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Congestion Pricing

Reporter’s Notebook: Will Eric Adams Ever Publicly Embrace Congestion Pricing?

The governor, the head of the MTA and the city's leading transit thinkers all celebrated congestion pricing on Tuesday as an historic moment while Mayor Adams spent Tuesday failing to live up to it.

Photo: Dave Colon|

Gov. Hochul championed congestion pricing at a rally on Tuesday in Union Square as advocates (and MTA CEO Janno Leiber looking on in the proud papa role) shared their excitement, but Mayor Adams (inset) was still iffy.

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The governor, the head of the MTA and the city's leading transit thinkers all celebrated congestion pricing on Tuesday as an historic moment, while Mayor Adams spent Tuesday failing to live up to it.

The mayor hasn't found a single nice thing to say about congestion pricing in the week since the Traffic Mobility Review Board recommended a $15 toll to drive into the most traffic-choked part of Manhattan, instead leaving it up to subordinates to insist that the city is on board with the program.

Not a single one of Adams's public statements so far has celebrated the potential for cleaner air, or fewer cars in front of buses and emergency vehicles or an influx of funding for necessary subway upgrades — all of which are the reasons New York is instituting congestion pricing. Instead, he's called the final steps of the agonizingly long process to institute the toll "the beginning of a conversation" and groused that the city doesn't get to decide how it will spend the money raised by the toll, even as that money is earmarked specifically to improve the public transit system on which the vast majority of his constituents rely.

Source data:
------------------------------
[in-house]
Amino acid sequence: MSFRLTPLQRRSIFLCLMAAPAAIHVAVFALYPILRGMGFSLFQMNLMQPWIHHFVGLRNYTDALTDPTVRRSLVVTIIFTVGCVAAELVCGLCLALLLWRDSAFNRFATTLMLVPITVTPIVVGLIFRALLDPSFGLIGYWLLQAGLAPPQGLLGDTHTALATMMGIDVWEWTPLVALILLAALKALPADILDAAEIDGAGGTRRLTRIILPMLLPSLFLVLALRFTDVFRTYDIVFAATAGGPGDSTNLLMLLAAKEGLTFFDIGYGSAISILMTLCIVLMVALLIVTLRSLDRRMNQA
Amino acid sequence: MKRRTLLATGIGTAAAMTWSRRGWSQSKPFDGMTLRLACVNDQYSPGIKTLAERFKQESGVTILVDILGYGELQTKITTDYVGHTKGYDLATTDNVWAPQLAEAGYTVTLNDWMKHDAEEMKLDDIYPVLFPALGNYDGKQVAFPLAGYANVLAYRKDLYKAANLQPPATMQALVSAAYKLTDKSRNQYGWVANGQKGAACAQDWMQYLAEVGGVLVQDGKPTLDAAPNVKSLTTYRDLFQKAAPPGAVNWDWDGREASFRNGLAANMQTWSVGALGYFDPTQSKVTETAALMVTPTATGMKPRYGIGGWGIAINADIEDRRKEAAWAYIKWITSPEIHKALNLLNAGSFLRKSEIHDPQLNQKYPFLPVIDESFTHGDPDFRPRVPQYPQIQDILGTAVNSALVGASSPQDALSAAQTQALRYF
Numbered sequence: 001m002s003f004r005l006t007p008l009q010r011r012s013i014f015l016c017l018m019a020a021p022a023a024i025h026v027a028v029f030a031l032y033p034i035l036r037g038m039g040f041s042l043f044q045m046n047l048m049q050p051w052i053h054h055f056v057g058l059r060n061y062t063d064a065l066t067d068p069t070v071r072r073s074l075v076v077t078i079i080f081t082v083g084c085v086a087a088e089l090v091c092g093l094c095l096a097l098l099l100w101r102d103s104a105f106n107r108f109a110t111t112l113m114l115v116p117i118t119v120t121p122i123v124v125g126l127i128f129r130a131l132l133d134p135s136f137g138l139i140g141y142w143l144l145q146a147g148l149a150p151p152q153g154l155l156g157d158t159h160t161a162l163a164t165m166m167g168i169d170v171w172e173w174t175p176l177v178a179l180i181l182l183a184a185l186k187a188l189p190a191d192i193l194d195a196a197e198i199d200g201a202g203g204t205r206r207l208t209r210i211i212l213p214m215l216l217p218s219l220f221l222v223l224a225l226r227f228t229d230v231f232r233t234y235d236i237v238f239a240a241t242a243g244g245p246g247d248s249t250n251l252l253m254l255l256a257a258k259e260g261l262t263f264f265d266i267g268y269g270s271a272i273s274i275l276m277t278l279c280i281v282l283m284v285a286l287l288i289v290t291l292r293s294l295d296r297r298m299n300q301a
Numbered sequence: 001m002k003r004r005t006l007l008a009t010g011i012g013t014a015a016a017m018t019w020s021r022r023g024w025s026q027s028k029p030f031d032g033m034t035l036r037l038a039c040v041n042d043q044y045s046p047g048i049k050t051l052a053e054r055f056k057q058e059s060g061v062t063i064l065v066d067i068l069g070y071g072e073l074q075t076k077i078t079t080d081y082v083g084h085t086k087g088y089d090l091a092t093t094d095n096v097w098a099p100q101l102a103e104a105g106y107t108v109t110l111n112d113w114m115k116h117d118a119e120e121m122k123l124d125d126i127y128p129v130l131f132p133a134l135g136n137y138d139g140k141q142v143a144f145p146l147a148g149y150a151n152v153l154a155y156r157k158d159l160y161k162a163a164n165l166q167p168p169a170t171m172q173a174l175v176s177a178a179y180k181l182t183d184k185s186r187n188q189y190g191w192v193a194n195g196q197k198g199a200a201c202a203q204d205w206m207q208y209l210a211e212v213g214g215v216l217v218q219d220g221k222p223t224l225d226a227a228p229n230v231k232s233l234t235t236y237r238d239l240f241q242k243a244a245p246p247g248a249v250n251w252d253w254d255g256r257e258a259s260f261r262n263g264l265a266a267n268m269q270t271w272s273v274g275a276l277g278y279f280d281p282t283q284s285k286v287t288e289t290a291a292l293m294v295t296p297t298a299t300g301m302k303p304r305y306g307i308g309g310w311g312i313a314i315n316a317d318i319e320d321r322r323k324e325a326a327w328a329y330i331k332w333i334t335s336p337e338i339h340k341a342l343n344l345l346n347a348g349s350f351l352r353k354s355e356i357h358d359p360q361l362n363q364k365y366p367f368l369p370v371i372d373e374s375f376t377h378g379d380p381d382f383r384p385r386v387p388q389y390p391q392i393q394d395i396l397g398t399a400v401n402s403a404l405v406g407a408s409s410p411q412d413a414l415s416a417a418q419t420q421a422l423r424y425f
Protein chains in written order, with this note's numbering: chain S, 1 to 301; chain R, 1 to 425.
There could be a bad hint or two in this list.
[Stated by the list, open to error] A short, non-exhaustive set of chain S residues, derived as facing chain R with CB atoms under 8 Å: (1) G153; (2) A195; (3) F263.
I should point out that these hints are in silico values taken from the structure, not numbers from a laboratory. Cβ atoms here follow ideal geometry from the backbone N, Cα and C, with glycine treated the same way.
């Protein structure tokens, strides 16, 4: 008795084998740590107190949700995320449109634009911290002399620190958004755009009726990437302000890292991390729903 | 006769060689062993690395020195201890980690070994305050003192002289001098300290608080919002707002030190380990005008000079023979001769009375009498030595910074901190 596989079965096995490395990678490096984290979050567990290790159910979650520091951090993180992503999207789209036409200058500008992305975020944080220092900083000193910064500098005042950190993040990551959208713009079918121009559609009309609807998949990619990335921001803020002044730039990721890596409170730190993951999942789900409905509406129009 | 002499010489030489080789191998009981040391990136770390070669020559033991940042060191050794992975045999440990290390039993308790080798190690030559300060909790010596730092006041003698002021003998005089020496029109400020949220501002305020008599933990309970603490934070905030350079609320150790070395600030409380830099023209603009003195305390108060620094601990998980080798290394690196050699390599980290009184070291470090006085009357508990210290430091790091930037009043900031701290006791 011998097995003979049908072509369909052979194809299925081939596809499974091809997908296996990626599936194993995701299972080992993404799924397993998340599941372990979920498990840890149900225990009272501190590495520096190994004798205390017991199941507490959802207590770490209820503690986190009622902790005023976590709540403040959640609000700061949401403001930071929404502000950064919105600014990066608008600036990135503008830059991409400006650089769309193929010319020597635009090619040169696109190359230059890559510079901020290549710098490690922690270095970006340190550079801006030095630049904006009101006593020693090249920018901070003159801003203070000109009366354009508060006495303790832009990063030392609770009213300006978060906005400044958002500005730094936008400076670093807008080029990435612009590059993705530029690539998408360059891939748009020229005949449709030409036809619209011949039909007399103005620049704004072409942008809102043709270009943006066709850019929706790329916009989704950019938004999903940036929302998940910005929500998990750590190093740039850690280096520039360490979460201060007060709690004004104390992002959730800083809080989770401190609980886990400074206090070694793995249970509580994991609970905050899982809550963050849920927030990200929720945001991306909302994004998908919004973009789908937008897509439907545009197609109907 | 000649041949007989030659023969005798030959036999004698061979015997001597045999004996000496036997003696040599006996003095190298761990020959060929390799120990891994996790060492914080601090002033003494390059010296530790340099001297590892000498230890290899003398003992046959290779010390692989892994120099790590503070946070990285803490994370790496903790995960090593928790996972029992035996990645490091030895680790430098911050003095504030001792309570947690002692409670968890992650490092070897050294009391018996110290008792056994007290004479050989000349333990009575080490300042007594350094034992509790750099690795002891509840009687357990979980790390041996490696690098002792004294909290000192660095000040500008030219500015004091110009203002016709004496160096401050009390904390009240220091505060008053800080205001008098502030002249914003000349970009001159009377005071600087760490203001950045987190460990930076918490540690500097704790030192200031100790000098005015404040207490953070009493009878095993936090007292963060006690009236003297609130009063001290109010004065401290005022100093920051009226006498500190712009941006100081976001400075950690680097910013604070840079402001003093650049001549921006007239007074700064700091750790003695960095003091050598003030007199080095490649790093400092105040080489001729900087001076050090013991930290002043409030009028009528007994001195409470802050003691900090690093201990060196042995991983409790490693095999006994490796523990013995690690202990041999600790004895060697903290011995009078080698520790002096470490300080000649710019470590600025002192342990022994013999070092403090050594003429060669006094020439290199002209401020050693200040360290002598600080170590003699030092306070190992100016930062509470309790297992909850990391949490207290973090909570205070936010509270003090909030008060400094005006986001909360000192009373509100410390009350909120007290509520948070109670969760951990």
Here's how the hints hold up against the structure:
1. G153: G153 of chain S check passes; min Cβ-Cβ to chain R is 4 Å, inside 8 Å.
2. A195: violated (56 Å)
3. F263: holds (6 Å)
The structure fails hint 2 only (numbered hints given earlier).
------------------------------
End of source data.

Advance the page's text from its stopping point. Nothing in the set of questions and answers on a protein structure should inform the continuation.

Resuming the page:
So on Tuesday, while Gov. Hochul, MTA Chairman and CEO Janno Lieber and and advocates rallied to celebrate congestion pricing and its benefits, Adams again hedged on the idea that congestion pricing will benefit the city.

"I will continue to share our views on this conversation about not displacing the environmental issues to the outer boroughs and making sure that we're not over-penalized in New York," the mayor said at his weekly press conference.

It's true that Adams grudgingly and off-handedly mentioned that he supported congestion pricing, but he let Deputy Mayor for Operations Meera Joshi praise the program as one that will help the city "face the climate crisis ... and really support the public transit system." As much as he says he is a "strong supporter," Adams's public comments lately have indicated little support, let along strong.

Perhaps it doesn't really matter why the mayor is approaching congestion pricing the same distant and disinterested way Zach Wilson is currently approaching playing quarterback for the Jets. Nor does it matter that the mayor campaigned as a congestion pricing supporter and that his panel to create a New New York repeatedly emphasized congestion pricing as a major piece of a city that works for everyone.